The all rights reserved photo that *still* is currently being featured this morning as photo number one on the L.A. Times’ widget is this one, by truedeluxe.

By the way, hats off to the L.A. Times for using FriendFeed to actually discuss this issue. Big points for that part of this whole dilemma.

Update: Well the good news is that the Los Angeles Times appears to have fixed this problem now. An explanation in the form of a couple of friendfeed comments from Sean Connelley with the Times: “oh, my nightmare continues… I assumed the widget was taken down. I have now corrected it, with a version that should eliminate any of your photos from being grabbed please check in a few minutes, also might need to clear cache and reload page. I apologize for these series of mistakes.” – Sean Connelley and “ok, I just checked… it does not appear to be loading any “All Rights Reserved.”… Anthony to your question of why I didn’t just check. I should of and I didn’t, I wish I had a better answer. Can I ask this group a question. Seeing as you all seem to be passionate flickr user’s and photographers. Do you see any value and/or need in a widget like this? Of course, a widget that worked correctly and respected copyrights and provided links back to the owners” – Sean Connelley.

Update #2: Jim Goldstein seems to object to the fact that I’ve raised this issue, while in the past stating a more liberal view of personal use regarding copyrighted material. Jim offers up his own “black and white” interpretation of how copyright ought to be talked about which is ironic given that he previously was hosting copyrighted music on his own site prominently as a background track to his photos. Best I can tell, he seems to feel that if you host copyrighted material as a .mov file vs. a .mp3 file it’s somehow o.k. Why are the copyright zealots always the ones that are the most hypocritical?

In terms of my past comments on copyright, I believe that it is virtually impossible to work as a photographer respecting copyright in the pure black and white world as Goldstein views it. Maybe if you just stick to nature photography like he does that’s one thing. But if I go to Disneyland and shoot a Mickey Mouse character. Or if I shoot the giant Coca Cola neon sign in San Francisco. I’m personally not going to lose any sleep over this, even if I am breaking Coke or Disney’s copyrights. I’m still going to post these images on Flickr and Zooomr and my blog and am perfectly willing to suffer any consequences of my decision to do so. I’m also personally not going to lose any sleep if people use my own work for personal use. Want to print out one of my photos and hang it in your home, even though it’s all right’s reserved? Go for it. I even make it easier by hosting full high res files online.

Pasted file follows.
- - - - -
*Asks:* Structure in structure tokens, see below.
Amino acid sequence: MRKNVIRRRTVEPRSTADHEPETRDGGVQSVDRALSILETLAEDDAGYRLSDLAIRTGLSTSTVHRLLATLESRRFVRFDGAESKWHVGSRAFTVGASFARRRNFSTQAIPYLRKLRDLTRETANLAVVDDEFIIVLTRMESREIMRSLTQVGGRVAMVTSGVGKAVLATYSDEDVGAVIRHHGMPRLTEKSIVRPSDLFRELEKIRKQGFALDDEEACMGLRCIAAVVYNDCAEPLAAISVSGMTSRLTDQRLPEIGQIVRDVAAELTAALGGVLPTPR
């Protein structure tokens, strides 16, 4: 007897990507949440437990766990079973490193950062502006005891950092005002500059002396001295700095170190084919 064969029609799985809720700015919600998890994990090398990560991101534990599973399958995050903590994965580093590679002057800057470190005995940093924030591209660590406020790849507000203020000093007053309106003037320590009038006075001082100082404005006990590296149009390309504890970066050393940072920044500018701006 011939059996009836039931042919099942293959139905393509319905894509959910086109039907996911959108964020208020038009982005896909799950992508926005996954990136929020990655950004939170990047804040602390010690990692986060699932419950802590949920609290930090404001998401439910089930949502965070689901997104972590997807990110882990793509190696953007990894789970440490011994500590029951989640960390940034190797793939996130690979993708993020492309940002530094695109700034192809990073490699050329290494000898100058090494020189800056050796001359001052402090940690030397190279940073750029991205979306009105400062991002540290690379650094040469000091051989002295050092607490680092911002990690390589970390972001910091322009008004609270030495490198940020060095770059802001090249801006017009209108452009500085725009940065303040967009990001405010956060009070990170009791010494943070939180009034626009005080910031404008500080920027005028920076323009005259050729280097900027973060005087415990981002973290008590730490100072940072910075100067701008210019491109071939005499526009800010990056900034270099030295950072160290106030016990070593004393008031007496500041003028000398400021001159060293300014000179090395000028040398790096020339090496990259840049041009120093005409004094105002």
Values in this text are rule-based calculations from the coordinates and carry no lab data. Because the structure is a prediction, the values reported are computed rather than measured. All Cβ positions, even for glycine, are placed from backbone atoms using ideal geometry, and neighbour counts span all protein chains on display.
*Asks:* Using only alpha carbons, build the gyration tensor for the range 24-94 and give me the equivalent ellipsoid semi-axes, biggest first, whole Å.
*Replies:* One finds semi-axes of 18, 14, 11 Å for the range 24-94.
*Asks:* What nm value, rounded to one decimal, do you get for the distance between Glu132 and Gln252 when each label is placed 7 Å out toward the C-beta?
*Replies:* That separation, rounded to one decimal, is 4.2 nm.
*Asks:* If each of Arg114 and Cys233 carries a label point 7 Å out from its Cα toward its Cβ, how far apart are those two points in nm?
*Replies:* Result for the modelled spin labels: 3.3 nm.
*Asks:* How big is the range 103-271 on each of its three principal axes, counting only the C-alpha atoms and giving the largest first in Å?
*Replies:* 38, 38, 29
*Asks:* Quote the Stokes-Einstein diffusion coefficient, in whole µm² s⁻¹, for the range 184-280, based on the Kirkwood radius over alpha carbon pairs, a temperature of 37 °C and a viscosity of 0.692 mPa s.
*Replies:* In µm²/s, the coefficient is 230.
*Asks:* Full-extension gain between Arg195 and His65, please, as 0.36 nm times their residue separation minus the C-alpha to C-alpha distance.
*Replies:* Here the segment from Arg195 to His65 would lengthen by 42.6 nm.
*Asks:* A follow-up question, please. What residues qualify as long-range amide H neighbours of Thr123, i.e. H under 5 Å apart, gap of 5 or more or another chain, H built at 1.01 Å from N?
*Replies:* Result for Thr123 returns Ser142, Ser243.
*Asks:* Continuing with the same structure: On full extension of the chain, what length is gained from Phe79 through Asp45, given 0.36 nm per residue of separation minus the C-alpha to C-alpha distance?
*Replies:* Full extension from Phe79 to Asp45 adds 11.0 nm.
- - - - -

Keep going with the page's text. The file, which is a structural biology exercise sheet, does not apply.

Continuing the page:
But there is a big difference between my shooting Mickey Mouse and posting it to Flickr. Or someone printing out one of my shots out and hanging it in their kitchen vs. a major media company publicly and flagrantly posting protected content on a highly visible high profile public for profit website.

Anyways, glad to see that the times got this cleared up.

w00t! The New York Times Finally Advocates Stealing Intellectual Property

Sonia Zjawinski has an interesting article out over at the NY Times’ Gadgetwise blog entitled “Flickr as an Interior Decorating Tool,” where she basically advocates stealing other people’s photographs off of Flickr.

From Zjawinski:

“And if you’re wondering about copyright issues (after all, these aren’t my photos), the photos are being used by me for my own, private, noncommercial use. I’m not selling these things and not charging admission to my apartment, so I think I’m in the clear.